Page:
Thursday, February 12, 2009

About Pigtopia

I finished reading the book Pigtopia by Kitty Fitzgerald early this morning. For me, it was a disturbing book, but good.

Jack Plum was born with a large, deformed head. People in the community considered him to be a freak and retarded. He was, in fact, more of a genius who lacked formal education because of his deformity and his mother not allowing him to go to school, but he gained pig knowledge from his dad before his dad was killed. He raised pigs in the basement of his mother's house. His mother treated him terrible and blamed him for her own medical problems. The book emphasizes the intelligence and cleanliness of pigs. In contrast, we see the filth of his mother's life and health. Jack is in his 30's when the story takes place. His mother dies during this time, and he fears that he will be "put away" and will no longer be able to work with his pigs.

Holly Lock is a young girl just at puberty. She and Jack, through Jack's encouragement, develop a secret friendship that leads to many downfalls. Holly tries to help Jack by helping him get rid of his mother's body and hiding her death from the community. By the end of the book, Jack ends the relationship with Holly, but I won't say how. Read the book to see.

One of the things that I brought away from this book is more realization beyond what I already had on how people treat those who are different from us through no fault of their own. Labels are put on these people as being dangerous. I know that this is basically untrue, but I must admit there have been times when I've felt uncomfortable around disabled people. There are other times that I have known these people personally and understand that there is something special about them, and I love them for who they are.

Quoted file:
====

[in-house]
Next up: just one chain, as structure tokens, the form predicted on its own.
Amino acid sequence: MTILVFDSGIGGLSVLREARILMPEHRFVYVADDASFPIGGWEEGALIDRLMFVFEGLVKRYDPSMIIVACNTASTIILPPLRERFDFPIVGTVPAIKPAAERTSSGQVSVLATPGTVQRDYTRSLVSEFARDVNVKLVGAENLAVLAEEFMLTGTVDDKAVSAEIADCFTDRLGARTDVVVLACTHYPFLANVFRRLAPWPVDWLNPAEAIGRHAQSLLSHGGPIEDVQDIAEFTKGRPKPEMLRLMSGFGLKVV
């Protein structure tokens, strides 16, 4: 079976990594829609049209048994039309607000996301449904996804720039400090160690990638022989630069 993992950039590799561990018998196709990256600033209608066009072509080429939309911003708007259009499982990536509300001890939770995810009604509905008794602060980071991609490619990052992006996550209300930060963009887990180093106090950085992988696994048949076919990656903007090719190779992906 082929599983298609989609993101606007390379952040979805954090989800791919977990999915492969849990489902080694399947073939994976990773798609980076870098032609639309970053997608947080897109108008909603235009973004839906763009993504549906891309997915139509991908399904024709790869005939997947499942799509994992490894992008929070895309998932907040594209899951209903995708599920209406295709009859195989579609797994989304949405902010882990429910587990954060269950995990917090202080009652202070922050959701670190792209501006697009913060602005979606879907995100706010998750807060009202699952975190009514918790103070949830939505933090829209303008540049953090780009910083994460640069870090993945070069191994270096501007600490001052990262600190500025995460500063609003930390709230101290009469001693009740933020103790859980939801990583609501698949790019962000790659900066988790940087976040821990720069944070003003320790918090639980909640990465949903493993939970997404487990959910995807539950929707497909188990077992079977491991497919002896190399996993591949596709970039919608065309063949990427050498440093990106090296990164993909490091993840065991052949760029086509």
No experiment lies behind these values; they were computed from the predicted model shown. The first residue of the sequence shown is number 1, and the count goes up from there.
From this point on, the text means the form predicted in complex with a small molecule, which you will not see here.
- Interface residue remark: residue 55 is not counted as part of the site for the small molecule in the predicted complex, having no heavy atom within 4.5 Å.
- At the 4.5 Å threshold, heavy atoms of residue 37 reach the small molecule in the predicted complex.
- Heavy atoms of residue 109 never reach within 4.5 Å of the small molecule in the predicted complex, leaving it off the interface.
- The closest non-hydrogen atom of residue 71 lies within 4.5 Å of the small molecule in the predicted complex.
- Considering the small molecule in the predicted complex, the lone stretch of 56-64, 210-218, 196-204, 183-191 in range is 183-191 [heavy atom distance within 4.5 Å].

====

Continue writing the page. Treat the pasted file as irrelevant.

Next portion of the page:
All things turn out okay in the book, but I wonder how it happened, and I'm unsure that it is really okay. The book seems to be a kind of a fairy tale. Some of what happens in the book is entirely grotesque. Even though things are okay, the end is quite sad. And I must say that even though pigs are quite intelligent animals, I still don't like them very much. Maybe it's because they're too smart.

1 comment:

Aunt Dinah said...

Glad you liked the book which I agree is disturbing. I had a lot of trouble "suspending disbelief" as I was reading Pigotopia. Your description of it as a "fairytale" sums it up well. I agree that it provides keen insight into the isolation, anger, and loneliness faced by those who are "different" and who are shunned and "punished" by society and even their own family members as a result. Those who would enjoy Pigotopia most would probably be readers in their early teens.